Popular Propaganda for the German Reformation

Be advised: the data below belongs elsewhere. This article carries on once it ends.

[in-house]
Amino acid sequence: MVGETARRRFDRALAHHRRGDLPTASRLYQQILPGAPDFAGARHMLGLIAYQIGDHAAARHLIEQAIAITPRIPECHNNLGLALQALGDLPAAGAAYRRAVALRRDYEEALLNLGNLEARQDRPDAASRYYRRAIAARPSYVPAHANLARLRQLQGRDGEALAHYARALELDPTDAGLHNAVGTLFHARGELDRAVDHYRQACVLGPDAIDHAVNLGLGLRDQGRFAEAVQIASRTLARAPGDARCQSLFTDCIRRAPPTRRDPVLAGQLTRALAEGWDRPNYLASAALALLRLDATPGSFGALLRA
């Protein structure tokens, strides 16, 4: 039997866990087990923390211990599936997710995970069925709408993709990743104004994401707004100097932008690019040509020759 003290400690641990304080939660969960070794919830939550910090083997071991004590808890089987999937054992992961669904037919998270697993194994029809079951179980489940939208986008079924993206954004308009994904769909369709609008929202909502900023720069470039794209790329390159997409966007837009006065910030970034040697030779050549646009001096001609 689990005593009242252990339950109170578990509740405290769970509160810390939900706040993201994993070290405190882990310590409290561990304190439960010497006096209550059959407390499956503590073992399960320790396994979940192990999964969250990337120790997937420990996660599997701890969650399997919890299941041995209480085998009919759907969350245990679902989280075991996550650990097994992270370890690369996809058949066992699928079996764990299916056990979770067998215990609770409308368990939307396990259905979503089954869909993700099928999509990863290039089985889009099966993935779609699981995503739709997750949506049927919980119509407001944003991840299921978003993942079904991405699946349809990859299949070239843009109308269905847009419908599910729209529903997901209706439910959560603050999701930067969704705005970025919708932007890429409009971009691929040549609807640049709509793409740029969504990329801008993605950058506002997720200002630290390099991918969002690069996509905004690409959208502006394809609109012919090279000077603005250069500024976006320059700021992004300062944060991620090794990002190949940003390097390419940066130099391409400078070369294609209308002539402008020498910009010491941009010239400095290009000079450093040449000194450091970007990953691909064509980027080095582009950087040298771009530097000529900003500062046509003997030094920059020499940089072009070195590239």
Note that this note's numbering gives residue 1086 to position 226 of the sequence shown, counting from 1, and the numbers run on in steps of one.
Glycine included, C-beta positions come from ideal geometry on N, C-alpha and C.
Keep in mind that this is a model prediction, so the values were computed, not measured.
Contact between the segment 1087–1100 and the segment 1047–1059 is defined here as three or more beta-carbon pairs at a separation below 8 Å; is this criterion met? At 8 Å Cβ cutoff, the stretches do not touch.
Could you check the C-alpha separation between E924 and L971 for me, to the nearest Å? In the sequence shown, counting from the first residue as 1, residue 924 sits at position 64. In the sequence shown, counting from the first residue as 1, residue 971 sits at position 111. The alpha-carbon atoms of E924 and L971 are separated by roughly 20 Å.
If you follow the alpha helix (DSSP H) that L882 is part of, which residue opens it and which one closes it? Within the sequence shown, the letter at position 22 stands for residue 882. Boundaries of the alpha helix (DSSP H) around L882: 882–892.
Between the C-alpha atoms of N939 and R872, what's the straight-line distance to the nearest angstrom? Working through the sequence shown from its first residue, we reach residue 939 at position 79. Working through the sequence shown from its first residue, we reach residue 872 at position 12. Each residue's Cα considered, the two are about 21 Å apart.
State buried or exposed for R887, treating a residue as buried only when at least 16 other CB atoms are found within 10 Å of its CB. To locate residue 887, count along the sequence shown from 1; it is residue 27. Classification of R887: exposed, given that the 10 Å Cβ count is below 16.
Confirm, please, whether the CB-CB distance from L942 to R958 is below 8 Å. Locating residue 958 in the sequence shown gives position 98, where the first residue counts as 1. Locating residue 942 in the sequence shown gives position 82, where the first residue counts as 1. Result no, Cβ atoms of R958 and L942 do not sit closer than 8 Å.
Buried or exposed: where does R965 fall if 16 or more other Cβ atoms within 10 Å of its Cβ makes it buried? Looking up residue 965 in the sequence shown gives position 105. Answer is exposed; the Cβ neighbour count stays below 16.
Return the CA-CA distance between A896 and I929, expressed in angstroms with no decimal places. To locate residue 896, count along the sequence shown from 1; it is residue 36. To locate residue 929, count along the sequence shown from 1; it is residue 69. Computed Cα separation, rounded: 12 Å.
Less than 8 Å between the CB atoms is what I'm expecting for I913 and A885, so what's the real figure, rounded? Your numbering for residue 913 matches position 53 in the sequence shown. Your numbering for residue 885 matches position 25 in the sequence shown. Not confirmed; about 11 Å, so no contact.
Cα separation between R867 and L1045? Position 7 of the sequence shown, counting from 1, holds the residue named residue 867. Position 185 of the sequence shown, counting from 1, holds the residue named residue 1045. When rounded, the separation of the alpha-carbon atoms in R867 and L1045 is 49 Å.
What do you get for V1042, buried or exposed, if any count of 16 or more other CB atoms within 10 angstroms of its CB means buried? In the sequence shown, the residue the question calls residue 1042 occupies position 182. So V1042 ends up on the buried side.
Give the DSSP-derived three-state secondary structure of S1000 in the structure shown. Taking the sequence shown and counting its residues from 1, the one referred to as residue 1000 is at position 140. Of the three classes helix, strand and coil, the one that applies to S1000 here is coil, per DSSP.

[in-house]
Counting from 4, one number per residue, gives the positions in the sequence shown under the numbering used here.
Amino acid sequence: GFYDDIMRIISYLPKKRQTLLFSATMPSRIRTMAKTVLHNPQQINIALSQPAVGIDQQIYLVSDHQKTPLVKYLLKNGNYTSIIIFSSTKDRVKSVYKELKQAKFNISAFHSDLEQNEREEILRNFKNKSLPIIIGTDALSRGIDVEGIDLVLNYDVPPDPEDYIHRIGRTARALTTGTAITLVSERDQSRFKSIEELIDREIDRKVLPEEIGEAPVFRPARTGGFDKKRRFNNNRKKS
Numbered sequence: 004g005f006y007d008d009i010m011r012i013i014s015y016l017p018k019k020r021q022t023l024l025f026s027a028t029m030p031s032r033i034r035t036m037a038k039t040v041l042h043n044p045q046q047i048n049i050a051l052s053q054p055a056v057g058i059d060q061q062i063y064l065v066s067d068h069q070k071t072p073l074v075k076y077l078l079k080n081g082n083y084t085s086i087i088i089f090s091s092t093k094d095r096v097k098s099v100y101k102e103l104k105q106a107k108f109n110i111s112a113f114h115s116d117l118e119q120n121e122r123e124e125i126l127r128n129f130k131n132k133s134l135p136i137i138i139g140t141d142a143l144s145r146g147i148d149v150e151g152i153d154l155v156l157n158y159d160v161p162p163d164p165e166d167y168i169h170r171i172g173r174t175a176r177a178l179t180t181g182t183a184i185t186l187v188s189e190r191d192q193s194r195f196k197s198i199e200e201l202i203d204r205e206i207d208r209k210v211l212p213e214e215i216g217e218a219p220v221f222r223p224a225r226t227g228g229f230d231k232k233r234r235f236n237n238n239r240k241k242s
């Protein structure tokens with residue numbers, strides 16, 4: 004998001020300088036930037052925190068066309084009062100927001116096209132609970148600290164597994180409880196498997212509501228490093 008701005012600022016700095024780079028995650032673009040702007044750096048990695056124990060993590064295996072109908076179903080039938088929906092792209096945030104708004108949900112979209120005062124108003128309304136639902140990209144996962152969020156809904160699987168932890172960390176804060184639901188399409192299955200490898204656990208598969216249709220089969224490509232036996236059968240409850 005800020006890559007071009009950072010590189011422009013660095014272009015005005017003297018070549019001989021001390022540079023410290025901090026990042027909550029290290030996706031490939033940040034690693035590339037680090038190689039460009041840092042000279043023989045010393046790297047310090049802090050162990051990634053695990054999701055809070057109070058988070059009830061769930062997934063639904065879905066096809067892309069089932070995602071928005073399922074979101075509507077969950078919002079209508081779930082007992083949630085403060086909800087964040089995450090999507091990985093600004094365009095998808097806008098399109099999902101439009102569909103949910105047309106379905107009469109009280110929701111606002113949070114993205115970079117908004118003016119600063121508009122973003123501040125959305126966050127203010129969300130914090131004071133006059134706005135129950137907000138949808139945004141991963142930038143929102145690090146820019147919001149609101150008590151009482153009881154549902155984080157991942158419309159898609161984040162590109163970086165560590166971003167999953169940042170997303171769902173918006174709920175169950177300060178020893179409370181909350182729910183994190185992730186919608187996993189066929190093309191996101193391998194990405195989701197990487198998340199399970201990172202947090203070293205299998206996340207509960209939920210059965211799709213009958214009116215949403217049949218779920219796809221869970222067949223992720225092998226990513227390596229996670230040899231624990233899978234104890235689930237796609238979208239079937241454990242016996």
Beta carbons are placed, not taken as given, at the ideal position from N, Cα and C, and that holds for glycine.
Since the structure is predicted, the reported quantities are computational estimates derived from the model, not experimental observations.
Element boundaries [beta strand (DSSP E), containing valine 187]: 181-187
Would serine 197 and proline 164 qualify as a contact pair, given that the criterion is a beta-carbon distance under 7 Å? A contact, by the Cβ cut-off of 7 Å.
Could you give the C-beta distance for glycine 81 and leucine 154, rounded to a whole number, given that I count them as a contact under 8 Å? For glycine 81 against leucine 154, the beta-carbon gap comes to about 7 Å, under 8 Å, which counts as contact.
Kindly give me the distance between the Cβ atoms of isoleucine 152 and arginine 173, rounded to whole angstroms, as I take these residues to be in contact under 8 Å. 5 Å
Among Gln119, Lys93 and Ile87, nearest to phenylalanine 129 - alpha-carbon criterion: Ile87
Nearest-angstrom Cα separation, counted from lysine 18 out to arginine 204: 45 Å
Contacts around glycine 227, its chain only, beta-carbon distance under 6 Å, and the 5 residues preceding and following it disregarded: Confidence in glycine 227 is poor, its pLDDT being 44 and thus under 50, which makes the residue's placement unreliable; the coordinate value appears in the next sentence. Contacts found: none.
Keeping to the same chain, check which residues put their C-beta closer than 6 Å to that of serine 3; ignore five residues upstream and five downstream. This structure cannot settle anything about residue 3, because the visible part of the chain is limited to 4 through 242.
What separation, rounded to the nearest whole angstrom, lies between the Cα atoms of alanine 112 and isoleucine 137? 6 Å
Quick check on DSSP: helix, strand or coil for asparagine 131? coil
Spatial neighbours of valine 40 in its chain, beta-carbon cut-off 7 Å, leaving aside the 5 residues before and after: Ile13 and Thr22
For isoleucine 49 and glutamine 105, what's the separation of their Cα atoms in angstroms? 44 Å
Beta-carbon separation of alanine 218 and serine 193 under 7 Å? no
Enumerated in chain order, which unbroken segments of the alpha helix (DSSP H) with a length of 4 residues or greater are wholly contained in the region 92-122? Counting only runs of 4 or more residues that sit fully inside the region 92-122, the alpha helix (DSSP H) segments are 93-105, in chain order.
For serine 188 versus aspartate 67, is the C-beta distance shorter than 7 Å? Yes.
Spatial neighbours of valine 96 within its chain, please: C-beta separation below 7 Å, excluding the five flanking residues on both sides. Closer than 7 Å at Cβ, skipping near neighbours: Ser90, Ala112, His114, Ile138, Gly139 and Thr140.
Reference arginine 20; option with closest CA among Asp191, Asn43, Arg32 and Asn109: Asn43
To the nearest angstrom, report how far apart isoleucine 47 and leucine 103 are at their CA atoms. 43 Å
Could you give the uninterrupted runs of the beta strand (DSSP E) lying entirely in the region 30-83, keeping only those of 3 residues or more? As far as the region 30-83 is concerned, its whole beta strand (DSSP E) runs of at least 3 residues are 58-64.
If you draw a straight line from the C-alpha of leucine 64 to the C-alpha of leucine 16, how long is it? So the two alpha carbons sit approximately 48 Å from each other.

The German Reformation was the first great age of mass propaganda. The power of the printing press for the spread of new ideas was fully tested by the flood of literature released by Reformation movements. This literature ranged from weighty works of theology, sermons or polemical tracts in Latin and German, to various kinds of popular literature such as chapbooks, broadsides and even comic strips. Probably few people were touched directly by those works from the more scholarly end of the market. Literacy was extensive only in towns, and reading ability was doubtless very mixed, in many cases consisting perhaps of the ability to stumble uneasily through a few lines. This was not necessarily a barrier to the spread of ideas through the medium of print, for reading aloud was common, as was discussion of printed works. However it does call attention to those works which tried to take account of primitive reading ability and geared their message to the illiterate and semi-literate.

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